LePeau demonstrates himself as a teacher first and foremost, providing for the reader easy on-ramps into the more difficult rhetorical and intertextual parts of Mark. He frequently breaks down the various chiastic structures in order to angle how one ought to read more difficult texts. In so-doing, he also rights many poor interpretations taken out-of-context (for example: he dismantles the common evangelical reading of “moving mountains” as having to do with “overcoming obstacles” and replaces it with a more text-centered engagement with Jesus as the New Temple).

This makes Mark: Through Old Testament Eyes a resource for a wide variety of Bible students, whether they are students in seminary, pastors or Bible teachers, or just folks who want to grow in their understanding of the Bible. The tools that LePeau hands to Bible readers in this commentary will inevitably unlock new ways to engage in the entire Bible. In short, this book provides onramps for increased biblical literacy for all, something that ought to be celebrated.

Making the InterVarsity Mark Experience Available to All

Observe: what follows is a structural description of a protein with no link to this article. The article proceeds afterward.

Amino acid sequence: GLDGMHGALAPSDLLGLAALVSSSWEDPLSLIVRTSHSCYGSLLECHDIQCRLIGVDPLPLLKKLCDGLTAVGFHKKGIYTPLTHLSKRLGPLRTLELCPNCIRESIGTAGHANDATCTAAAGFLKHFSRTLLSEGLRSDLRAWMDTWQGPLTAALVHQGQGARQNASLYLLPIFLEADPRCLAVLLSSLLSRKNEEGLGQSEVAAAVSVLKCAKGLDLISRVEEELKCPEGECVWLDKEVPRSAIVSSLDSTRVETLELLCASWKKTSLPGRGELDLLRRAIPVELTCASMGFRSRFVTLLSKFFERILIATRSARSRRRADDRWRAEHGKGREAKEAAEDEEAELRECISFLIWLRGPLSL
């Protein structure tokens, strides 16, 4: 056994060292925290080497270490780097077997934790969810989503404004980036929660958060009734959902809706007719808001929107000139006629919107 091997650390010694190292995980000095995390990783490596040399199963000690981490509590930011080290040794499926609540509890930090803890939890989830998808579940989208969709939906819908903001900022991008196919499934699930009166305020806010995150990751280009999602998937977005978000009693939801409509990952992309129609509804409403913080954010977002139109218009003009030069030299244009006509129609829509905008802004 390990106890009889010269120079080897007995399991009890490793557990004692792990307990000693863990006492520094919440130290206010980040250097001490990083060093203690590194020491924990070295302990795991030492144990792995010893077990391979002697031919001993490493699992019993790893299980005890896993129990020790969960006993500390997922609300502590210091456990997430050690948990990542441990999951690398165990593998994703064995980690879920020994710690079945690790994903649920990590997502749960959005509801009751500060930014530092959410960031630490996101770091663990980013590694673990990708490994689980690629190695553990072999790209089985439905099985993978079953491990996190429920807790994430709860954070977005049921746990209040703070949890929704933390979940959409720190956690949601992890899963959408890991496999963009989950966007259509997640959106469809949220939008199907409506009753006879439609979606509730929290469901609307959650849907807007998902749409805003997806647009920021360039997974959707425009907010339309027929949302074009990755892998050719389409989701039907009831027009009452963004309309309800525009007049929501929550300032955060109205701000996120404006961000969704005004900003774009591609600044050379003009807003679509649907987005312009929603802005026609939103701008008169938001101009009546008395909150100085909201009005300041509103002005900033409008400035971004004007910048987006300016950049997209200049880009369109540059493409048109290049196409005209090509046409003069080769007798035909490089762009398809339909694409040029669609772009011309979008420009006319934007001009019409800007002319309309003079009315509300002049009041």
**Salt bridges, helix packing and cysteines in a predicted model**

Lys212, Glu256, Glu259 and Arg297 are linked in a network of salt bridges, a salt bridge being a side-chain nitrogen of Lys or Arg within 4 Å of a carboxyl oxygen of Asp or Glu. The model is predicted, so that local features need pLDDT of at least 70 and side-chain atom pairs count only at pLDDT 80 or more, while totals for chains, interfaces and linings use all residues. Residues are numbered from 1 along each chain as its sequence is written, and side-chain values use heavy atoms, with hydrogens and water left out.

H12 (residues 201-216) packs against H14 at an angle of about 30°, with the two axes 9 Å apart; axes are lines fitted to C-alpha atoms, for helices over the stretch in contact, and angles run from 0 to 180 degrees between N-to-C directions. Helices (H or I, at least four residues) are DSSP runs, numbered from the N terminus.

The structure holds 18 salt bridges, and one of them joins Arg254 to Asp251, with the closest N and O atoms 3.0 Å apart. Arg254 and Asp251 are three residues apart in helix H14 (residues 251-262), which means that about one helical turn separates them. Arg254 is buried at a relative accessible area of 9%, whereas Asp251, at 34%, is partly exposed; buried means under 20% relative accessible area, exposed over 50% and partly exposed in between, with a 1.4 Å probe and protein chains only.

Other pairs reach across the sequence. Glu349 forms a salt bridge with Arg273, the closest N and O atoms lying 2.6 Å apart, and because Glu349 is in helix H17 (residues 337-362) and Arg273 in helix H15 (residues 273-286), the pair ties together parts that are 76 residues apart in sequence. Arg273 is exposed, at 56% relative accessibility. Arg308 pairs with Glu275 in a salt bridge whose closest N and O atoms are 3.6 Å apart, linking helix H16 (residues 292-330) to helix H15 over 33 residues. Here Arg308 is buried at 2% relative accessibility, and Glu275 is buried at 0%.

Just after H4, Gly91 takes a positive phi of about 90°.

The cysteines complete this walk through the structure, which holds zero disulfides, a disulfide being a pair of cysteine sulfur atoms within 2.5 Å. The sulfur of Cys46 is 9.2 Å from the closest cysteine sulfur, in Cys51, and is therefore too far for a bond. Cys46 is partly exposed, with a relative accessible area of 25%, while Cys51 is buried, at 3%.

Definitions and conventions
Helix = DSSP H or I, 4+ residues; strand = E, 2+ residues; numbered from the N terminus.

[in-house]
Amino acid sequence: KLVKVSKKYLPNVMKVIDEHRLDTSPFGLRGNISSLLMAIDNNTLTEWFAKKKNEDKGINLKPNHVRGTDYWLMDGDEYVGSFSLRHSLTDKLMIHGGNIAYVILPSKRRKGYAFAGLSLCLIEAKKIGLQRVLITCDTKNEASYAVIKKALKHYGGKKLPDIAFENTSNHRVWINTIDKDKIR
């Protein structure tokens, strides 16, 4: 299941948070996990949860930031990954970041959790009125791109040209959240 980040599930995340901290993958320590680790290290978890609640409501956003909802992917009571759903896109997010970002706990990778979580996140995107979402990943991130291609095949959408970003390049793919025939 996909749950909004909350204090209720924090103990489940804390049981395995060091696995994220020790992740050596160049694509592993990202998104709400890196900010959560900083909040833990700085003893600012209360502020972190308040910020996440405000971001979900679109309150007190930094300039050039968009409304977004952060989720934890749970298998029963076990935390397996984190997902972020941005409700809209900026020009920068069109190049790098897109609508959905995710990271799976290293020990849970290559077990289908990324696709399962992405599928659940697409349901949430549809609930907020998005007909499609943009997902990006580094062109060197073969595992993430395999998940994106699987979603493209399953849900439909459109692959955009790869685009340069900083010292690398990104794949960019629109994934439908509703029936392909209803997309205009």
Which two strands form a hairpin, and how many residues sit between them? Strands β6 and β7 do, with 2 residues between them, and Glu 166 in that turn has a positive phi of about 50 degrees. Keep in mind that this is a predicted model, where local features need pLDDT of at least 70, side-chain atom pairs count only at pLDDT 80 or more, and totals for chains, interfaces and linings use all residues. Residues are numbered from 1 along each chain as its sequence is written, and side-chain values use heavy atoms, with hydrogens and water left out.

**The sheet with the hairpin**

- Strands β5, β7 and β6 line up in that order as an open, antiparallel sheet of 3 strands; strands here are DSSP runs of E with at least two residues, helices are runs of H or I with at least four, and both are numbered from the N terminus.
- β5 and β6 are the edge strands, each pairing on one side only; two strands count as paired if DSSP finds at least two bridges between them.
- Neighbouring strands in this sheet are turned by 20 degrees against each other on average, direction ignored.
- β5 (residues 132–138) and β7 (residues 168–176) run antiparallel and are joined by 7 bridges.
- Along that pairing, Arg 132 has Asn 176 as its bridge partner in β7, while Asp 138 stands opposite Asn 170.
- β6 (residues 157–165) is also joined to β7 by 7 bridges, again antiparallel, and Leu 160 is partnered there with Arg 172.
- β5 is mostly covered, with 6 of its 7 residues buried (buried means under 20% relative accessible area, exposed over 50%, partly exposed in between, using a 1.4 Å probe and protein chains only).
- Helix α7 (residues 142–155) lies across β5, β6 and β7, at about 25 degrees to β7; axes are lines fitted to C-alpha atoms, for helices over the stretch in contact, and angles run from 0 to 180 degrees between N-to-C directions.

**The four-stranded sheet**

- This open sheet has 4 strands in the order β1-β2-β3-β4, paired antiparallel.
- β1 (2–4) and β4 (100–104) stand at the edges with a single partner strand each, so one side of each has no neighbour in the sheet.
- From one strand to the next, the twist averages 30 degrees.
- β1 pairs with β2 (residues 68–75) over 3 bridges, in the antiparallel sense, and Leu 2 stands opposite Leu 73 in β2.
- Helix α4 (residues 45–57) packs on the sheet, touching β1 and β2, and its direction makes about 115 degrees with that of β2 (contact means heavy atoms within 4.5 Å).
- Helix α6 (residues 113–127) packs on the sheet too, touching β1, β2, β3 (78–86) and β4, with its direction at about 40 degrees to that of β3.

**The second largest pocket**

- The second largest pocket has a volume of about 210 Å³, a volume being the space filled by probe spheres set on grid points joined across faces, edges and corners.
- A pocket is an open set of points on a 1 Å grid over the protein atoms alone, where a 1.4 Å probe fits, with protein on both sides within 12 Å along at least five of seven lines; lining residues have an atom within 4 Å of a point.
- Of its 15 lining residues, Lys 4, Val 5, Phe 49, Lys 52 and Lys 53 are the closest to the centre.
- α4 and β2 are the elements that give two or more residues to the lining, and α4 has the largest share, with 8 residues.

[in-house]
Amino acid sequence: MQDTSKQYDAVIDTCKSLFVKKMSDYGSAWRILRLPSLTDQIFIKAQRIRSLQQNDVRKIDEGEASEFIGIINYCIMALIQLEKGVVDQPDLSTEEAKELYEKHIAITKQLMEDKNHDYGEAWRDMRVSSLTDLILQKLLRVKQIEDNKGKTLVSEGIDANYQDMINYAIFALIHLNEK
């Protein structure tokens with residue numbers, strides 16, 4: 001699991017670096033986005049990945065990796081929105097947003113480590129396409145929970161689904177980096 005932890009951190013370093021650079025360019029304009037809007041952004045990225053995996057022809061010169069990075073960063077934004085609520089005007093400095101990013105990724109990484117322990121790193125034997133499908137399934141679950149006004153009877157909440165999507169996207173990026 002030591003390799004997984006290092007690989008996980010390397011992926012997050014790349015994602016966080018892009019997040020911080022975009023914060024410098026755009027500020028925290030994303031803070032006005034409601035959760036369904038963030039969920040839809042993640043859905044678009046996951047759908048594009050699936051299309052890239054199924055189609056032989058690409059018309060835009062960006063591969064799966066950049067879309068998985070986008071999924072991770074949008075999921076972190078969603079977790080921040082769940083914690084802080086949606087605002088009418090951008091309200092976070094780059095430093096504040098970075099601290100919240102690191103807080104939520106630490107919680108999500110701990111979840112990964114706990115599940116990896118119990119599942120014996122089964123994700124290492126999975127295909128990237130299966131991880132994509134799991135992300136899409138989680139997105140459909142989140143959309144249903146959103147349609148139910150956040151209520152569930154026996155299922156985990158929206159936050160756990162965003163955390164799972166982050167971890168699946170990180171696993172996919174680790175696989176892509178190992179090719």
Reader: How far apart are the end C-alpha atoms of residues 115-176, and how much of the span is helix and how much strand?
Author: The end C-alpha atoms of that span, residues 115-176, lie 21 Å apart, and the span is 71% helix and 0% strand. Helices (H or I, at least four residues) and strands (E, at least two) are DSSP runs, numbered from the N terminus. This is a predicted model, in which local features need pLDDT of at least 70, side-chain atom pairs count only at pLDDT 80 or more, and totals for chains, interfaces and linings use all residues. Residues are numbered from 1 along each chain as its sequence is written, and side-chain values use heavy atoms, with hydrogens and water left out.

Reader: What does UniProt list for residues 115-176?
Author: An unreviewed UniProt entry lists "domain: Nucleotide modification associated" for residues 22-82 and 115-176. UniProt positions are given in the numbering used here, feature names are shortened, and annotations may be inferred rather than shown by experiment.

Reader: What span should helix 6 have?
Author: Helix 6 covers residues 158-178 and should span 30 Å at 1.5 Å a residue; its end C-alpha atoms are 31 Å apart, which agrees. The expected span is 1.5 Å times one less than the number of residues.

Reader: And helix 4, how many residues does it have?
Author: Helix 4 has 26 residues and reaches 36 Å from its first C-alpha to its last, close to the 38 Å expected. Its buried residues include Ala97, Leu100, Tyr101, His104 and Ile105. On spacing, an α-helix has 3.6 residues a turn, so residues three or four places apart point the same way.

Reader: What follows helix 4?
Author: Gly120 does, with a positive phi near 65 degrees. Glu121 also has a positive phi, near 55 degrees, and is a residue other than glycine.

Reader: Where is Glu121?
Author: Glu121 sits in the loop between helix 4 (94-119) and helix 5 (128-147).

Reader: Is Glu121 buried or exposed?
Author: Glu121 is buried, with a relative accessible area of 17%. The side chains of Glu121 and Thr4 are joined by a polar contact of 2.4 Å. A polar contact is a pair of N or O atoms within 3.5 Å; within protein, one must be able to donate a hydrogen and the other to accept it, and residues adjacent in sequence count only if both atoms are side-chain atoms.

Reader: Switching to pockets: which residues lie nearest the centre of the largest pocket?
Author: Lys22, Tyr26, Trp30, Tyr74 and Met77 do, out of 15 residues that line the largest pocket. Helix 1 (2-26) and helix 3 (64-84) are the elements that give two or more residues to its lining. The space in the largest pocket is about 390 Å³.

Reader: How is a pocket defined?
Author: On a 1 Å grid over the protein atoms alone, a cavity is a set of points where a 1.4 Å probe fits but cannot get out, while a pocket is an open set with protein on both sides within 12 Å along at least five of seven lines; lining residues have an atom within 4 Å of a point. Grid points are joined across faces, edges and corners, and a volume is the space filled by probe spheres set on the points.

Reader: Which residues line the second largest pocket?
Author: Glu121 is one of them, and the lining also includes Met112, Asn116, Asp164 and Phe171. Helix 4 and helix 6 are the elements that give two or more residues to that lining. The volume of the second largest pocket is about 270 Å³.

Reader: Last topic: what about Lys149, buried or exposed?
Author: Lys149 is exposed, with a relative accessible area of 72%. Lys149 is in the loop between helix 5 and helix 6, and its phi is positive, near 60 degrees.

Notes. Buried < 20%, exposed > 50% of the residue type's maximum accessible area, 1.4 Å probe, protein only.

But I have to show my true colors: What I love the most about Mark: Through Old Testament Eyes is not its thorough engagement with Old Testament imagery, nor its ease and accessibility for the common Bible enthusiast; instead, it’s the way LePeau has made a beloved InterVarsity Chapter Camp experience available to everyone.

This is no small feat. At InterVarsity’s Cedar Campus (for instance) every year, students spend an entire week reading the first half (or, more rarely, the second half) of the Gospel of Mark, going through extraordinarily slowly, line by line, on sheets of manuscript paper, armed with colored pens and pencils and New Bible Dictionaries (courtesy of IVP) led by Mark-masters like Andy LePeau and Fred Bailey. (I once got to be in the course when Fred led it; it was unimaginably cool.)

For so many IVCF alums, this manuscript study in Mark is one of “those” moments. Sometimes it’s the moment when they “got” the Gospel for the first time, sometimes it’s the moment when they realized that studying the Bible could be joyful and fun, sometimes it’s even the moment when they commit themselves to full-time ministry or the academic study of God’s Word. The Mark track at Chapter Camp is a formative experience for anyone who has ever gone through it.